It’s what’s on the inside that counts. An effective growth engine is not strictly powered by external marketing channels. The product itself has been designed in a way that allows for growth. In fact, growth is a direct result of product usage (Youtube, Instagram). In turn, product usage helps you to develop a strategic marketing plan with precise targeting.
‘Successful viral products don’t have viral marketing bolted on once the product has been developed. It’s not a marketing strategy. Instead, it’s designed into the product from the very beginning as a part of architecture of the experience.’ - Andrew Chen
We’ve witnessed companies like Snapchat and Uber scale rapidly and achieve exponential growth. Startups all over the world follow their success with curious and envious minds. Safe to say, they’ve figured out the relationship between product and marketing. How? They use data to create a more tailored user experience that allows for habit development.
Feel like driving off into the sunset with billions of dollars in acquisition money? Let’s take a look under the hood and see how healthy your growth engine is.
Check for oil leak
What are your customers doing? Or more importantly, what are your customers not doing? User activation is tricky, we all know that, but data will lead the way. Look at your user flow and identify trends: Where in the journey are your customers deviating from the path? Once you’ve figured that out, it’s time to think about what you can do to make them stick to the path. However, if your users are not doing what you want them to do, then maybe you should be doing what they want you to do? Who knows, you could be one feature away from product adoption.
‘Always double check to make sure you’re not designing toward your own biases instead of what’s best for your product and users.’ - Cap Watkins
Yelp is an excellent example of a company that made something old new by putting users first. They also recognised the importance of what their users didn’t want, and pivoted in order to cater to their users’ needs. Find out more about Yelp’s five-star growth engine here.
Perform a tune-up
In the fickle online environment, the products that succeed are the ones that manage to generate new user habits. In order to do that you need a sticky product - a product that creates repeated user behaviour. Companies such as LinkedIn, Tumblr and Pinterest have successfully made their products sticky by putting data at the heart of their businesses.
‘No growth hack, brilliant marketing idea, or sales team can save you long term if you don’t have a sufficiently good product.’ - Sam Altman
LinkedIn knew that active users played a critical role in both reactivating inactive users and bringing in new ones. With a focus on behavioural engineering and virality, they managed to reach profitability in three years. Find out more about LinkedIn’s viral growth engine here.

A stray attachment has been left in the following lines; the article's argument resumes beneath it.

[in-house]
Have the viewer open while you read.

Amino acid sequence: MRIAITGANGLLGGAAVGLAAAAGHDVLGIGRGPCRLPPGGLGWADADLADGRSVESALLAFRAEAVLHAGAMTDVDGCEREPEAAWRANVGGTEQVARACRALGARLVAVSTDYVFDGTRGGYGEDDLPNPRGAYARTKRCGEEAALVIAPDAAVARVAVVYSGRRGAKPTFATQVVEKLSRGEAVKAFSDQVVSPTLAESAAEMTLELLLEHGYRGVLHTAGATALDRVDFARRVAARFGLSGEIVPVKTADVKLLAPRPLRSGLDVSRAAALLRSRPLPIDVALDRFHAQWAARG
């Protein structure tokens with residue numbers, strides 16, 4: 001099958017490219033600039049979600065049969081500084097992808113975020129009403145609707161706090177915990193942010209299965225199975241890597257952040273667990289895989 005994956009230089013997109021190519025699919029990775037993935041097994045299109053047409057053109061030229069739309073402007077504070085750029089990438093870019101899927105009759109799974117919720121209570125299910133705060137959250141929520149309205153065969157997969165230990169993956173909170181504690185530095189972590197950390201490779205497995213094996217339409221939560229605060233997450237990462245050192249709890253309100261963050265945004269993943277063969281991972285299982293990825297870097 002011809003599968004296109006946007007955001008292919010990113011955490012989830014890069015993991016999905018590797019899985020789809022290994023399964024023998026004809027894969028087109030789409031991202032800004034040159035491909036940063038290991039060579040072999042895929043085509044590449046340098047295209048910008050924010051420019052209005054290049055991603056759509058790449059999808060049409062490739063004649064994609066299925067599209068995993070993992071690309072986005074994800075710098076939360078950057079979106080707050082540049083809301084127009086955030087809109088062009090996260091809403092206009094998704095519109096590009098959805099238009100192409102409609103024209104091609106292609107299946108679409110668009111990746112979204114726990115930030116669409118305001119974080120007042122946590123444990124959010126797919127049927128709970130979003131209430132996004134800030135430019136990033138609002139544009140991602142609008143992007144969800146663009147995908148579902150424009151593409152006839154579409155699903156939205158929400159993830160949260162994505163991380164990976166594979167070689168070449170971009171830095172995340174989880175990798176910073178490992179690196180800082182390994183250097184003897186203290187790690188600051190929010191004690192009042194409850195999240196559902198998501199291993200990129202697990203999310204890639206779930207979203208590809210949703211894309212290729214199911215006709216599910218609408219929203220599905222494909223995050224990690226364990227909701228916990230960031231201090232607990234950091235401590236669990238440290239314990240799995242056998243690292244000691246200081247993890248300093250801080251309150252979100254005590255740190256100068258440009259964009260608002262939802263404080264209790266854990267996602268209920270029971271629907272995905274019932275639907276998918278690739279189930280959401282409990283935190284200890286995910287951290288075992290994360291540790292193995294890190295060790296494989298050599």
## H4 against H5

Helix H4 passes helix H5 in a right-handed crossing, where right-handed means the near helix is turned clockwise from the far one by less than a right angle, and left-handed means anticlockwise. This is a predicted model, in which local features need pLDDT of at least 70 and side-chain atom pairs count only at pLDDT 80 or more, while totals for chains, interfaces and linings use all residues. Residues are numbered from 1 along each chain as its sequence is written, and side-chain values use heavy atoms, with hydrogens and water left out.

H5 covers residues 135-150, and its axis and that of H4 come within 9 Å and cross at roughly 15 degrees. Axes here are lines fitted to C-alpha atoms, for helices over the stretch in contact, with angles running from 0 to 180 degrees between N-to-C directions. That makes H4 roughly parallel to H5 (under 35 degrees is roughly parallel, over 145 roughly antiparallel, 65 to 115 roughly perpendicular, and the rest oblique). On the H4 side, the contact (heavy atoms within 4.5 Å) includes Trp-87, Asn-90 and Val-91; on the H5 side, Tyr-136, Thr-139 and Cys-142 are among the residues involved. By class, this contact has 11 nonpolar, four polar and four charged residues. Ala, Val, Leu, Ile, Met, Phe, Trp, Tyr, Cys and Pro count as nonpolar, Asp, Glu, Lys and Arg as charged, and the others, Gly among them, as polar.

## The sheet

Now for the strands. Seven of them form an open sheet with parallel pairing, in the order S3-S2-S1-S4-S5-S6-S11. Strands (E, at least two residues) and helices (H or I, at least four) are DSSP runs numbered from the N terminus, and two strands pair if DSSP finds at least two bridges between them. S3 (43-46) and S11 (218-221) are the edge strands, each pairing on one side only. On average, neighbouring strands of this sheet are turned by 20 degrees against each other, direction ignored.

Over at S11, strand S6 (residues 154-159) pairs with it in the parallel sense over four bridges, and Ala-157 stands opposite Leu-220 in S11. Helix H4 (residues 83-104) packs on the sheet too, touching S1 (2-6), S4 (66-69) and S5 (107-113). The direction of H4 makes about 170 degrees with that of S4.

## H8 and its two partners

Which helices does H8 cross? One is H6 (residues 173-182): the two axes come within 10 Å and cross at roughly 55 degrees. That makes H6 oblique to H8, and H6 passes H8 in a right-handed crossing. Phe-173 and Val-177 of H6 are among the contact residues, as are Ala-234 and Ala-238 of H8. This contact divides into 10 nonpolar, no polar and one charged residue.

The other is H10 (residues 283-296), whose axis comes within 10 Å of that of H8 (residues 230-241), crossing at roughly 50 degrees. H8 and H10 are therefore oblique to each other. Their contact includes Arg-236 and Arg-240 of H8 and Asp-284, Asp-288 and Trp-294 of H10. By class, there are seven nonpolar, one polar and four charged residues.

Add more horsepower
Money can be used to accelerate growth, there’s no denying it’s great at generating traction and exposure. The tricky part? You have to make a profit off each customer, but more importantly, you have to remember that money doesn’t keep users - good products do. Get new users through the door by spending a bit of cash, but pay careful attention to where you’re spending it. If you keep getting users through the door that don’t stay, you might be looking in the wrong places (or at a much bigger problem).
‘The best marketing trick? Make an awesome product that does something that people really care about.’ - Ryan Singer
Evernote uses no incentives for downloads or acquisition of any kind. As stated by Phil Libin, CEO at Evernote: ‘We don’t pay money for users.’ How did Evernote reach 75 million users? Word of mouth. Find out more about Evernote’s $0 growth engine here.
Look under the hood of your growth engine and ask yourself this:
- Does your product allow for the user to create habits?
- Does your product motivate the user to expose the product to others?
- Does your product allow you to test, measure and learn?
Remember this: A product doesn’t speak for itself, its users do. And your growth engine has to be developed based on the users that fuel it. Your growth engine depends on your type of business, your business goals and your users. Check out The Three Engines of Growth for more inspiration. What keeps the cogs spinning smoothly in your growth engine? Share your thoughts in the comments section below. Liked this article? Try these next:
- The danger of vanity metrics: Creating a reality distortion field
- Running a data-driven company: Guest post by David White
- 8 most common excuses for not becoming data-driven —————————————————————————————————— Car Repair designed by Luis Prado. Horseshoe designed by Edward Boatman. Engine designed by Ben Johnson. Oil designed by Edward Boatman. All designs come from The Noun Project.